TODAY'S PAPER

Deductions to correct wage overpayment are probably legal

A company doesn't need your permission to correct an overpayment, but how it does so is subject to some regulations. Photo Credit: Getty Images / iStockphoto

DEAR CARRIE: My employer overpaid me by six hours and recouped the money by deducting from my weekly pay over two weeks. But it did so without my written permission. Is this legal? I checked on the state Labor Department website, but the information seemed vague. — Questionable Deductions

DEAR QUESTIONABLE: The company doesn't need your permission to correct the overpayment.

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DEAR CARRIE: My employer overpaid me by six hours and recouped the money by deducting from my weekly pay over two weeks. But it did so without my written permission. Is this legal? I checked on the state Labor Department website, but the information seemed vague. — Questionable Deductions

DEAR QUESTIONABLE: The company doesn't need your permission to correct the overpayment. 

"When an employer mistakenly overpays an employee, it does not need the employee’s written permission to recoup the overpayment," said employment attorney Richard Kass, a partner at Bond, Schoeneck & King in Manhattan. 

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Still, the employer would be subject to some regulations.

"In New York, the employer must give the employee advance written notice of how it calculates the overpayment and how it intends to recoup it, and the employee must have an opportunity to object if he or she believes the employer is acting unfairly," Kass said. "Detailed regulations determine how much the employer can recoup each pay period, how much advance notice must be given, what information must be contained in that notice, how much time the employee has to object, and how objections must be considered."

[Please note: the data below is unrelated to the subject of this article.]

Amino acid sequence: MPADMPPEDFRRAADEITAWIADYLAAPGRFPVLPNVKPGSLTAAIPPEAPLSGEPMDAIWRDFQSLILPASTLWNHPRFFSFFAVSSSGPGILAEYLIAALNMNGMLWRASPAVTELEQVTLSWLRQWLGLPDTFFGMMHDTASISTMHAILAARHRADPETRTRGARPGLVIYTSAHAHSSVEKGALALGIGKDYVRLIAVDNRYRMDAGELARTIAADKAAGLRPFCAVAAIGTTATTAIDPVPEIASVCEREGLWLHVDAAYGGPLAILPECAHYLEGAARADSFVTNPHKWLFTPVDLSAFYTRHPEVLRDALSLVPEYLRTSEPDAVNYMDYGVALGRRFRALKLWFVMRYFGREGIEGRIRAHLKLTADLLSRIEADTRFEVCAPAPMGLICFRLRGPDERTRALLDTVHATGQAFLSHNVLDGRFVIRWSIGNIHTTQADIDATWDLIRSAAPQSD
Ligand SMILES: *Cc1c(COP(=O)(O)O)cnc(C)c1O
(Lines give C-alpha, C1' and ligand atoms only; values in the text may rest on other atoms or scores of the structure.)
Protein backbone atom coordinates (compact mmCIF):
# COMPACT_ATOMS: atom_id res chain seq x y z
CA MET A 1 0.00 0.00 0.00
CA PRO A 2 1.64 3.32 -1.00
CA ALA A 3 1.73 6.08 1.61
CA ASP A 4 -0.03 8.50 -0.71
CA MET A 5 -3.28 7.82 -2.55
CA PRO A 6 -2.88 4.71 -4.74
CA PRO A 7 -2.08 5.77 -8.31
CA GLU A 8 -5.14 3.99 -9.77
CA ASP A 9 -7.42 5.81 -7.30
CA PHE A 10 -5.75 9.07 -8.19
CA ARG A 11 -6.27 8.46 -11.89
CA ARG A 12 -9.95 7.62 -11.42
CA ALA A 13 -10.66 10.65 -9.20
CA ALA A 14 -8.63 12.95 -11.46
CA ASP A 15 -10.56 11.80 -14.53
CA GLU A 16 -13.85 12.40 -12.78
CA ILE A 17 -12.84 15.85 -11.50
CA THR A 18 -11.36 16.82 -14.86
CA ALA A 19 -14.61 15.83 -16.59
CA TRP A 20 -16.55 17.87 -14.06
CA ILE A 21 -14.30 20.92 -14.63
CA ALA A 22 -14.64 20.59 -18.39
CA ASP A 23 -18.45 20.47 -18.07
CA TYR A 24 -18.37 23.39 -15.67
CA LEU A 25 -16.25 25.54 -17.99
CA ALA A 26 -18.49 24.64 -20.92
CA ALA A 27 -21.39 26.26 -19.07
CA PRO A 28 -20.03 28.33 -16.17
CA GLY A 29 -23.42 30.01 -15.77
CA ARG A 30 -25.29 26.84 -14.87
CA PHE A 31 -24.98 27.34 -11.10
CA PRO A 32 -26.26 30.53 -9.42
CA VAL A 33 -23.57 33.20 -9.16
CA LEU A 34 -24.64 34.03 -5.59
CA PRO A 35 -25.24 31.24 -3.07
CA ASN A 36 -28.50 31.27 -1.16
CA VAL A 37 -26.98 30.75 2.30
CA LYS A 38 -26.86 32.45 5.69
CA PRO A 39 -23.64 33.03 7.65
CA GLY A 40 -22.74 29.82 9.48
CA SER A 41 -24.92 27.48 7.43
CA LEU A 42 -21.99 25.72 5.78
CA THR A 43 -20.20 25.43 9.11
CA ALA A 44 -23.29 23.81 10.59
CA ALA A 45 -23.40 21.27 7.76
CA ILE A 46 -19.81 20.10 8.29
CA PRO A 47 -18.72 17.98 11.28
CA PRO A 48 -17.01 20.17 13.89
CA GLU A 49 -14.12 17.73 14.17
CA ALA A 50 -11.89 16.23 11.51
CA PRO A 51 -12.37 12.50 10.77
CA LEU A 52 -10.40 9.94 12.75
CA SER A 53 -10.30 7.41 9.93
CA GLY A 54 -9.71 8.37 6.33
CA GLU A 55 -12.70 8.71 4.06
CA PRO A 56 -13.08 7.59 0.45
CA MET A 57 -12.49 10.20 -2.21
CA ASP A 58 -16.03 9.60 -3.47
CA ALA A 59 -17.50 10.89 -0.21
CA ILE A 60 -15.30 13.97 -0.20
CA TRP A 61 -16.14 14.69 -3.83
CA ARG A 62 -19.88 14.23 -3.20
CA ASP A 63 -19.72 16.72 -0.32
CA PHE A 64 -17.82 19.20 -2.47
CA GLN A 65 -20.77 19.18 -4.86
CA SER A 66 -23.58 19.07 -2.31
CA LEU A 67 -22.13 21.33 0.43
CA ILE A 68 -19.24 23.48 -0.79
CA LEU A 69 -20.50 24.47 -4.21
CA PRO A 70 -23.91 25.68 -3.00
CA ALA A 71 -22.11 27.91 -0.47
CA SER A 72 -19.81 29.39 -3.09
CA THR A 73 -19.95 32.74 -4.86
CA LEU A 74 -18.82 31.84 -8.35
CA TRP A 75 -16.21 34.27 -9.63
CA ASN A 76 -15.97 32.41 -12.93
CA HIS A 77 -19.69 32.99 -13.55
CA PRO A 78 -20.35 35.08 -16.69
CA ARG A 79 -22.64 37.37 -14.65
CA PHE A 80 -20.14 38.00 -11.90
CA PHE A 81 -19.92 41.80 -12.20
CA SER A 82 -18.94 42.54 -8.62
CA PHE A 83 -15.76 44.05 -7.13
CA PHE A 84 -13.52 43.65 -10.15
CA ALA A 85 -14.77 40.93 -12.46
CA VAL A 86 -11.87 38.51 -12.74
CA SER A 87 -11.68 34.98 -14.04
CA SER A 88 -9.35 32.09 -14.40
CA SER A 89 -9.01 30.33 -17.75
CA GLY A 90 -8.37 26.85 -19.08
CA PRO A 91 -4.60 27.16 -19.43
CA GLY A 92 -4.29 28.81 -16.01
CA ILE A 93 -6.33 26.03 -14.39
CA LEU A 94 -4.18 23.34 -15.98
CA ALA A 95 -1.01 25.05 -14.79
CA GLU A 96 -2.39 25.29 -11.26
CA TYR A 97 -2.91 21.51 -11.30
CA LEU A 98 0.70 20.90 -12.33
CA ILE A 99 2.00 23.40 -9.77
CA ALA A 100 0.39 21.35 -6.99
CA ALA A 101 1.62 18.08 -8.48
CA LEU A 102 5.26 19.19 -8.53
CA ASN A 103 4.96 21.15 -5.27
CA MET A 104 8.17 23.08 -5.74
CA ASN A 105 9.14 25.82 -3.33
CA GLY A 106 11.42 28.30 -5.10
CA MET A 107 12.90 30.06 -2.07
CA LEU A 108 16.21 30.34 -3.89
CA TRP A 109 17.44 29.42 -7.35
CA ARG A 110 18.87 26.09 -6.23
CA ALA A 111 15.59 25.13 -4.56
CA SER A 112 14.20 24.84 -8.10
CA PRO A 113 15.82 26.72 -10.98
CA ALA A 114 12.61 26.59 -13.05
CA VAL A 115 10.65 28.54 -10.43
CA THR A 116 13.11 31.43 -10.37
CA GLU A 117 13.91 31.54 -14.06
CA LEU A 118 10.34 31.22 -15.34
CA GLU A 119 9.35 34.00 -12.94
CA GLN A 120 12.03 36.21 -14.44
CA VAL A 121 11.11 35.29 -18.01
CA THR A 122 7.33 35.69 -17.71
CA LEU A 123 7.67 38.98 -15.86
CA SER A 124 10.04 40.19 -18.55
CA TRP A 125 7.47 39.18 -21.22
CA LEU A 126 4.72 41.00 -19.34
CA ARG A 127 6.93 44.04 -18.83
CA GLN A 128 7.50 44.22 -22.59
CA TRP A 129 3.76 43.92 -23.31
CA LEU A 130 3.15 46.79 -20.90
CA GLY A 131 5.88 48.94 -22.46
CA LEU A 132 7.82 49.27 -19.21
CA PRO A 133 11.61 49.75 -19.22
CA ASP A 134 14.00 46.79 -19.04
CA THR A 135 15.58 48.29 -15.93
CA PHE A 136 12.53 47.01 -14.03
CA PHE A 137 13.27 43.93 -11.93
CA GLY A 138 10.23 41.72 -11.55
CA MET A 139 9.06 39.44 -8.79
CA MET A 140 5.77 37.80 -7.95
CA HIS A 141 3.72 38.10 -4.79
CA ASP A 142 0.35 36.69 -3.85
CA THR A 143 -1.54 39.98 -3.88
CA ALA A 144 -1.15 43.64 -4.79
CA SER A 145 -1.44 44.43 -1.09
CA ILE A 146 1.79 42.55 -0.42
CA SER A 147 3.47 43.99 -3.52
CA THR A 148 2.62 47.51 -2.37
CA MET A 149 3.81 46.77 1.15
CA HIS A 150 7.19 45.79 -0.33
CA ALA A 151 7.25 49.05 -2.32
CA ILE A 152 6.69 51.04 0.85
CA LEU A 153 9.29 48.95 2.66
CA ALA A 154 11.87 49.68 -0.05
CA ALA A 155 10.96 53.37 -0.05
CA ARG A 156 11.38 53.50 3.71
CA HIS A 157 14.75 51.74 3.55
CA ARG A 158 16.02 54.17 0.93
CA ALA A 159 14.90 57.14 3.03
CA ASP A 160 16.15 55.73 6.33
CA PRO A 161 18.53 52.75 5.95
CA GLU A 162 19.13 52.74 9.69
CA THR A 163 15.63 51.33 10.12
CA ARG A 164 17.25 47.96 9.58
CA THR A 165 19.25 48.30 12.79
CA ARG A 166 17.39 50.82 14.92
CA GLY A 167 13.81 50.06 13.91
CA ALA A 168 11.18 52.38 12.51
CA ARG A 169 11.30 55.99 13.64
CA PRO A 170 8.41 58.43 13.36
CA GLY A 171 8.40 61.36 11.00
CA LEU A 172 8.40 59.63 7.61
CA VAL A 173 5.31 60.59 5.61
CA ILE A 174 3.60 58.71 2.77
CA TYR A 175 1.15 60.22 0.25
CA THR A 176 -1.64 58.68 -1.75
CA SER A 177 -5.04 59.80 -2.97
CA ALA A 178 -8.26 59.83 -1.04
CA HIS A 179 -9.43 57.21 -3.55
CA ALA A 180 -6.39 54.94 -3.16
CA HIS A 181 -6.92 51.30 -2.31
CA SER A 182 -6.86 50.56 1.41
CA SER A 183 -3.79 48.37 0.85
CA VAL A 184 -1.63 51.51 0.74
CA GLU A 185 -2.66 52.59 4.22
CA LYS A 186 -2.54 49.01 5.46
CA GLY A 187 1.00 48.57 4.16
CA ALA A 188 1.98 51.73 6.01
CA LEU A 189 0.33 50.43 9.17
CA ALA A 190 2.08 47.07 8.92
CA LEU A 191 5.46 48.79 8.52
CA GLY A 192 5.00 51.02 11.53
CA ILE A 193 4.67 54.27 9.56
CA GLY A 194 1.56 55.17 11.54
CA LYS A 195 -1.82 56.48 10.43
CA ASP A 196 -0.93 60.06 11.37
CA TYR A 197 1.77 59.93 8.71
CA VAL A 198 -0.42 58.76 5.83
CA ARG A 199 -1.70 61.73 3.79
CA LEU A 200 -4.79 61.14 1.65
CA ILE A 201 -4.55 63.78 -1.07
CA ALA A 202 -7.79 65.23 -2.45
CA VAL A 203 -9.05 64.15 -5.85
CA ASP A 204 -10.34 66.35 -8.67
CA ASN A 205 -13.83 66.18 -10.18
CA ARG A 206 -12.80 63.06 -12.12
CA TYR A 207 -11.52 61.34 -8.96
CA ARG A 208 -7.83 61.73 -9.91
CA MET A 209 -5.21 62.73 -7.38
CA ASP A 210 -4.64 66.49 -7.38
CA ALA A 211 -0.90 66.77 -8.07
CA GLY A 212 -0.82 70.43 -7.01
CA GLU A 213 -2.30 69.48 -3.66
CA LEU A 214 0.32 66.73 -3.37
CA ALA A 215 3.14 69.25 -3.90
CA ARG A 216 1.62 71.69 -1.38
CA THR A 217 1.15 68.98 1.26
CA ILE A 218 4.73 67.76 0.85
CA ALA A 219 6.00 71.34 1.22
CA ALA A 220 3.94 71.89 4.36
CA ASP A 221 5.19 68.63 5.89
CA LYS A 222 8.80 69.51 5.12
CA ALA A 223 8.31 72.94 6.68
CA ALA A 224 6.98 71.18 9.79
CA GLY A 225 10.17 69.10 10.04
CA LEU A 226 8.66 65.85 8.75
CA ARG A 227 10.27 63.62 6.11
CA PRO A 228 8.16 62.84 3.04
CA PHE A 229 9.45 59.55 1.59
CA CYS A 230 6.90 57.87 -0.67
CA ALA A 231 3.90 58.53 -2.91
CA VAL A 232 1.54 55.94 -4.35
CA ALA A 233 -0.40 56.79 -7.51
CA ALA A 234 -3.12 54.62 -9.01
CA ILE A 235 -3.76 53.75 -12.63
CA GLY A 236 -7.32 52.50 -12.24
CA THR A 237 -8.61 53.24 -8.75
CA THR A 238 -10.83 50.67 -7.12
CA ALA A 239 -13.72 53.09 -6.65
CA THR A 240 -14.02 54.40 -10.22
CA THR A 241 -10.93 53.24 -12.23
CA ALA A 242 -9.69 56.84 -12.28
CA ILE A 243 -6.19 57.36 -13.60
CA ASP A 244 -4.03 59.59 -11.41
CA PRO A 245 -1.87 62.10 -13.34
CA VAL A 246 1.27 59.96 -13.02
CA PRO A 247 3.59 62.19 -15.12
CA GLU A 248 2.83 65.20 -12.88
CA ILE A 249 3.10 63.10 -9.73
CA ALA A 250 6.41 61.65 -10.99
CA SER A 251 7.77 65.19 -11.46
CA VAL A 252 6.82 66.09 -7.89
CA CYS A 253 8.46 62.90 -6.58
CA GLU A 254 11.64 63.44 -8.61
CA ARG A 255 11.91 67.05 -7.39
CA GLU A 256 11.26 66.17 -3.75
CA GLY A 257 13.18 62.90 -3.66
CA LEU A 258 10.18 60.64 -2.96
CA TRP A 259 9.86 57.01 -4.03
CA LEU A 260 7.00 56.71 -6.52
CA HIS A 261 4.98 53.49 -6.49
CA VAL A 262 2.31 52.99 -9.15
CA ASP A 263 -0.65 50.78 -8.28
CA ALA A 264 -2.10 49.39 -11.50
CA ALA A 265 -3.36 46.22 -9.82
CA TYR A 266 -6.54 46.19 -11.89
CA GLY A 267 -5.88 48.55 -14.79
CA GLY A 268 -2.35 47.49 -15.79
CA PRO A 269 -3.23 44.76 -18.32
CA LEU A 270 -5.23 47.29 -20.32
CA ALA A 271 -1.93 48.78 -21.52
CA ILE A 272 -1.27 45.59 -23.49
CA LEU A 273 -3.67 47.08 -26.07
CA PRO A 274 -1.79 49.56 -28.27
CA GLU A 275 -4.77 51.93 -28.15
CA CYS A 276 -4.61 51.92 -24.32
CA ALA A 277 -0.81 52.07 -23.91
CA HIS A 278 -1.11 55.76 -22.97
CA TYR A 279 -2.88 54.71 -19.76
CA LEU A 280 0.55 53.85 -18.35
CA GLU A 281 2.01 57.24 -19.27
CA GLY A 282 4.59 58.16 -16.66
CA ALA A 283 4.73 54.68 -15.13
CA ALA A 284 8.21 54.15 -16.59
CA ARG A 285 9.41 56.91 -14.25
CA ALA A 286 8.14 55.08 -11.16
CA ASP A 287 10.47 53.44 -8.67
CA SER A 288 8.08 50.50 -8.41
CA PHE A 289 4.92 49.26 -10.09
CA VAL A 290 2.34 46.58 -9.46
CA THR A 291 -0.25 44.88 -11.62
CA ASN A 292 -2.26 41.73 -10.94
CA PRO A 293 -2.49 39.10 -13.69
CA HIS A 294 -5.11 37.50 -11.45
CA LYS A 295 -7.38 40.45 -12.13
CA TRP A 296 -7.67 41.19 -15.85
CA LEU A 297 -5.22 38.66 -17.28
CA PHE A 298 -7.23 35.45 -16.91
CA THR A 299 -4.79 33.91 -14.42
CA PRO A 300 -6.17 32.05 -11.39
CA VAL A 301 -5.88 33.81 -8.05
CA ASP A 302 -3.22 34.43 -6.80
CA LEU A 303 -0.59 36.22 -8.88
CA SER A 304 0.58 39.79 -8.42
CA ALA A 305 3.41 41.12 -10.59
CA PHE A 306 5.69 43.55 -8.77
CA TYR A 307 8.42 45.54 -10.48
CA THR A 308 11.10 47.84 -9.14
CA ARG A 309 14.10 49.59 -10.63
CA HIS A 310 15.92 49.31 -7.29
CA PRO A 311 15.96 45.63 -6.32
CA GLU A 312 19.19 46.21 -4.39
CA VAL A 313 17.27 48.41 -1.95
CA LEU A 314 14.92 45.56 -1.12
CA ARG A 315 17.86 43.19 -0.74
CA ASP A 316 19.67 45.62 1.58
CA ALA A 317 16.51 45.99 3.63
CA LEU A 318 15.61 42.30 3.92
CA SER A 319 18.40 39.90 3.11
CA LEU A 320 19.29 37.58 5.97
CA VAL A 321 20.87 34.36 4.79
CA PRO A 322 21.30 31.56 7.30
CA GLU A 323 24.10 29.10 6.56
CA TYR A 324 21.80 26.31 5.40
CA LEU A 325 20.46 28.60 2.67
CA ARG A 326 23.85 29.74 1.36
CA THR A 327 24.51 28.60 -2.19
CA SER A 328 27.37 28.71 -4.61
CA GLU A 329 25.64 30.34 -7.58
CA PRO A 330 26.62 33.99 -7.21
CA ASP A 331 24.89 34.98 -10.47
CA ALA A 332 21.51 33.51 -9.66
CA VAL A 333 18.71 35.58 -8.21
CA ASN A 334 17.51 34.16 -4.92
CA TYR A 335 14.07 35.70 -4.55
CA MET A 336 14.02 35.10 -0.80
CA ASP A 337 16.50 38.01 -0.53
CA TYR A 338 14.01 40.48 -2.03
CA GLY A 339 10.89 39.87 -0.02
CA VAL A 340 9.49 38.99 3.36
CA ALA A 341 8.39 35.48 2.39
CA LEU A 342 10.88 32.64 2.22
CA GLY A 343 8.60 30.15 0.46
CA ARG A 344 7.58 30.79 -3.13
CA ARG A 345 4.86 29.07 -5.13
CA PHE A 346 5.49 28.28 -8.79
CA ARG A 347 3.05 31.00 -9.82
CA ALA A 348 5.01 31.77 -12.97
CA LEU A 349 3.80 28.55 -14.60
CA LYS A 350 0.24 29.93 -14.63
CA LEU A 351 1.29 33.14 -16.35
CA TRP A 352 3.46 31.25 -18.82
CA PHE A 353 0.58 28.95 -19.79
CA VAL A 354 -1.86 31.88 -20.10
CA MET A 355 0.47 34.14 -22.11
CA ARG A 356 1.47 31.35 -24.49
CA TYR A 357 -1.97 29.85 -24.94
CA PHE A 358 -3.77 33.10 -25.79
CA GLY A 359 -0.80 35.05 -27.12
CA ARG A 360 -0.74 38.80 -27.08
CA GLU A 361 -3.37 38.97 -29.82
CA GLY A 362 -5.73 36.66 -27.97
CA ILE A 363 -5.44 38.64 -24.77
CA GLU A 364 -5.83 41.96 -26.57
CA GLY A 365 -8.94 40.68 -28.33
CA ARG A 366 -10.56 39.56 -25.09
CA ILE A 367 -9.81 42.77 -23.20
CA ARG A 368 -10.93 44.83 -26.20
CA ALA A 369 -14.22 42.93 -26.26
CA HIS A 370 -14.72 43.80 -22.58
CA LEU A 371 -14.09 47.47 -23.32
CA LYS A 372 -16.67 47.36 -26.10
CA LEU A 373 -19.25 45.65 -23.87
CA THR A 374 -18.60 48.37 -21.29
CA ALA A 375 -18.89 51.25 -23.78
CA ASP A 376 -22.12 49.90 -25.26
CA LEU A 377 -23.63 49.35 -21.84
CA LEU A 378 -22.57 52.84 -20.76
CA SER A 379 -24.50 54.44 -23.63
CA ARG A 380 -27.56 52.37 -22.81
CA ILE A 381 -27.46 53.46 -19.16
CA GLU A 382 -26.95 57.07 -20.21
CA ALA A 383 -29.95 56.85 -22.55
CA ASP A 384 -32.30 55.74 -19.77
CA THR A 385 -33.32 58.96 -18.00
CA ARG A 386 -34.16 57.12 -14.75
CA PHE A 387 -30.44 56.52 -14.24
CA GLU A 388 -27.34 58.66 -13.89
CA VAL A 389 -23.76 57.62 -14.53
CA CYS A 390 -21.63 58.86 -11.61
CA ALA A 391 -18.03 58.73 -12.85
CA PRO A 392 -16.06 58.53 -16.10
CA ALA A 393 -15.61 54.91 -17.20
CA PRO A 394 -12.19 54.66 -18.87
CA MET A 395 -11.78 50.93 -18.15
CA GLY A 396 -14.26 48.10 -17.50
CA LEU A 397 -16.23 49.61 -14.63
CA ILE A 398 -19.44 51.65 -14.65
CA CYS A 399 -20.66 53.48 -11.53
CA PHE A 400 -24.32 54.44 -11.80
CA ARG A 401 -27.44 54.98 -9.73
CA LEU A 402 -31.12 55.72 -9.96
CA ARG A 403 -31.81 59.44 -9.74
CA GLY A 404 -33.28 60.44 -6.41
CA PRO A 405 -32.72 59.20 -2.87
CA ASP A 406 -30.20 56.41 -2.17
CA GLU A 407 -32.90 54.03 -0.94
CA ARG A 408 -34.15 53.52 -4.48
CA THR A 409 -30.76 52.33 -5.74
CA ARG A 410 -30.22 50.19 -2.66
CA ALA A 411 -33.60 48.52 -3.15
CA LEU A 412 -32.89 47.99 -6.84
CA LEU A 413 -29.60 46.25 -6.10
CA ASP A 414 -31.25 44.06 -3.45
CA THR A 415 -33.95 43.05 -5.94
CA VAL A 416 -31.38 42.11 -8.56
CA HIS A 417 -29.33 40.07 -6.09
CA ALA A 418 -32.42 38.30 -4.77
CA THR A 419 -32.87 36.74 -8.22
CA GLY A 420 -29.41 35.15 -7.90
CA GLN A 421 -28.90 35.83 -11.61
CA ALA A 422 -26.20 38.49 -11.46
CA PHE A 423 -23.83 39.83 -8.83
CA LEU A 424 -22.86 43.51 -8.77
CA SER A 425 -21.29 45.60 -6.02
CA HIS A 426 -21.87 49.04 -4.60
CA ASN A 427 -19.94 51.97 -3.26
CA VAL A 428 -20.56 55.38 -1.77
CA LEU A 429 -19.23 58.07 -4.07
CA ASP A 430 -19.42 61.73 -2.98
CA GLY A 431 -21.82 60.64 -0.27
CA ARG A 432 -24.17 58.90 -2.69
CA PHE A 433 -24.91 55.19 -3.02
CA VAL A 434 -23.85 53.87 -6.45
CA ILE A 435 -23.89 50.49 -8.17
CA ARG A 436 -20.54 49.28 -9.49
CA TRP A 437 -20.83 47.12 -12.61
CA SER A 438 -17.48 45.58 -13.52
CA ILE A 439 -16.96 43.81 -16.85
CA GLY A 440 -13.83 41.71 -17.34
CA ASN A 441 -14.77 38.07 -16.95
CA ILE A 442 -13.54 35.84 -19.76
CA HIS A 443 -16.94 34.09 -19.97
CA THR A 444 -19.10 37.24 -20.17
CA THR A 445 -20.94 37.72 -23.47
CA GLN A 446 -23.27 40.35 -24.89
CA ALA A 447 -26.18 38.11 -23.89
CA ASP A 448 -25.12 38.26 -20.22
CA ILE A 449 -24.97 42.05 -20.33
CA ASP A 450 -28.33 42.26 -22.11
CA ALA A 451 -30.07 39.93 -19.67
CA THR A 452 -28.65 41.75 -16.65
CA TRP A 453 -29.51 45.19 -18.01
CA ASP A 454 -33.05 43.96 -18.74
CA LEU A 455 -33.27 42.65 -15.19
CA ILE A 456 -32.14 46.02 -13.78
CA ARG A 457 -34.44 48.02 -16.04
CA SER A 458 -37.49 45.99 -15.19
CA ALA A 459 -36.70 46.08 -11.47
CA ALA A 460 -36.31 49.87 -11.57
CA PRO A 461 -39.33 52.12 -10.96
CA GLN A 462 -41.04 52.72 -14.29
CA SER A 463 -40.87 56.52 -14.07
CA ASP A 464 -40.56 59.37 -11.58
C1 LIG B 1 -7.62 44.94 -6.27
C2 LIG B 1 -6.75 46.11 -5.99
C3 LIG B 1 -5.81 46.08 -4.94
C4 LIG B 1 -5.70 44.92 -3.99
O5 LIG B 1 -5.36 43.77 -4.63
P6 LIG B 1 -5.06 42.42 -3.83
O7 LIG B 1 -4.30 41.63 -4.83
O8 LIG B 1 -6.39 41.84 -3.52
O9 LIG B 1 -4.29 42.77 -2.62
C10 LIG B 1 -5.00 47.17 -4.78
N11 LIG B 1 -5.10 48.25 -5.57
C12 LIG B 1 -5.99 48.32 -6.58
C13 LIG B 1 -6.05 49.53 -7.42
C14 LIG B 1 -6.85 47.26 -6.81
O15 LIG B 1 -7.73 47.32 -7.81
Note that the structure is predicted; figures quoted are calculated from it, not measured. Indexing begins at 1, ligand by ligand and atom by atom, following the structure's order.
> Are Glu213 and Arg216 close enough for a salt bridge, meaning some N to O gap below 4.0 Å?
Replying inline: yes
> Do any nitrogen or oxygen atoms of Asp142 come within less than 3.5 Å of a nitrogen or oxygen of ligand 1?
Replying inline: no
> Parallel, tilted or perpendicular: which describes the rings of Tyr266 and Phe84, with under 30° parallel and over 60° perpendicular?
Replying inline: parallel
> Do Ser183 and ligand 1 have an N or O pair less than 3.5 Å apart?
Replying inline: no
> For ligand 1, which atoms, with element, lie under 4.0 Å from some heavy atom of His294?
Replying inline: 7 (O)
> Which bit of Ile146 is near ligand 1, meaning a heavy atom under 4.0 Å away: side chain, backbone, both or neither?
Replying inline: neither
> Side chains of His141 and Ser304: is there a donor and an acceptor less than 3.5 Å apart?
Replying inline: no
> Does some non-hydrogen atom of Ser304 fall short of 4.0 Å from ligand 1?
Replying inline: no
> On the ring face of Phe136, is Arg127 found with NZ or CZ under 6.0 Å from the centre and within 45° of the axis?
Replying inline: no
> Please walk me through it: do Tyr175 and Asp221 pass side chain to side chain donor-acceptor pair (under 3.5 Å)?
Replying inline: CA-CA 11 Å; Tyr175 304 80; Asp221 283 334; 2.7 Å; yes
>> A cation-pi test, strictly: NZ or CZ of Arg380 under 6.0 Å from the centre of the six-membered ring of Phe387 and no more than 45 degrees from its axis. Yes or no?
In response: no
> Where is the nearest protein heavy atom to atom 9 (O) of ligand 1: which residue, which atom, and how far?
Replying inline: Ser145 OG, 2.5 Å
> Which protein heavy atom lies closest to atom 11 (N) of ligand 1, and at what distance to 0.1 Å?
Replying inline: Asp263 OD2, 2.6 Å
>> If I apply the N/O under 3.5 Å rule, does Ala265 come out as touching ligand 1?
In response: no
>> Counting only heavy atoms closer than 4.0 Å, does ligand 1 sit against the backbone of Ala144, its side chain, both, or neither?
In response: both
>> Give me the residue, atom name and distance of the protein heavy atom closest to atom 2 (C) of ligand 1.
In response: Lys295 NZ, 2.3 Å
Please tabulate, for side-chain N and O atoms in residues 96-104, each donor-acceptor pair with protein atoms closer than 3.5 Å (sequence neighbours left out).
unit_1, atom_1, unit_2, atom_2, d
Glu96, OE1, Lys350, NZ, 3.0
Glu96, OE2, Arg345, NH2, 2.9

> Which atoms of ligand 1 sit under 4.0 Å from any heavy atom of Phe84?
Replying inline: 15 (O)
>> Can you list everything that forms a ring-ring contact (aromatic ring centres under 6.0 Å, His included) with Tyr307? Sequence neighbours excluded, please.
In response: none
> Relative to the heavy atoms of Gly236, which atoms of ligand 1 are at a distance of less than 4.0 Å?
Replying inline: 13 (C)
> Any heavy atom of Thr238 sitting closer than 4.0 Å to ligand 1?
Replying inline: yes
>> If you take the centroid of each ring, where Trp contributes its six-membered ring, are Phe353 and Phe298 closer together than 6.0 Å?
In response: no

That notice should be given at least three days before the deductions begin, he said. 

And if an employee contests the company's overpayment findings, the employer has to hold off making the deductions.

"Recoupments cannot be deducted while the dispute resolution process is still going on," Kass said. 

So if your employer met the above requirements, the deductions were probably legal. 

"In the case of the reader," Kass said, "since the amount of the error appears to be small compared to the employee’s weekly pay, the employer acted properly as long as it gave the employee the required written notice at least three days before the first deduction was made, and the employee did not submit a timely objection."  

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DEAR CARRIE: I was recently fired from my job because I complained about not being paid for all the hours I worked. For example, a half-hour was deducted from my pay for lunch breaks, but I never got to take one. During my first 10 years as an employee, the company had no time clock. And even though I often worked 55 hours a week, I was routinely paid for just 48 hours. After installing  a time clock, the company still paid whatever it wanted, regardless of what the time cards indicated. When I complained, my boss threatened to have me deported, even though I am a legal resident. I called numerous people for help, but it seemed that no one wanted to get involved. Please help. — Dollars Short

DEAR DOLLARS: You should call the  U.S. Labor Department right away at 516-338-1890 or 212-264-8185. 

If you were an hourly employee, the employer, by law, had to pay you for all the time you worked. That includes your lunch hour if you worked through it.

And you should have earned an overtime rate of one and one-half times your regular hourly rate when you worked more than 40 hours a week.

As for the deportation threats, even if you were undocumented, the company would have to pay you what you rightfully earned. That's because all employees are covered by the federal Fair Labor Standards Act, regardless of their immigration status. Threats of deportation to keep an employee from complaining about underpayments would be an additional violation. And for the record, the U.S. Labor  Department's Wage and Hour Division, which enforces wage standards, doesn't share information with Immigration and Customs Enforcement, or ICE, based on a memorandum of understanding between the two entities. 

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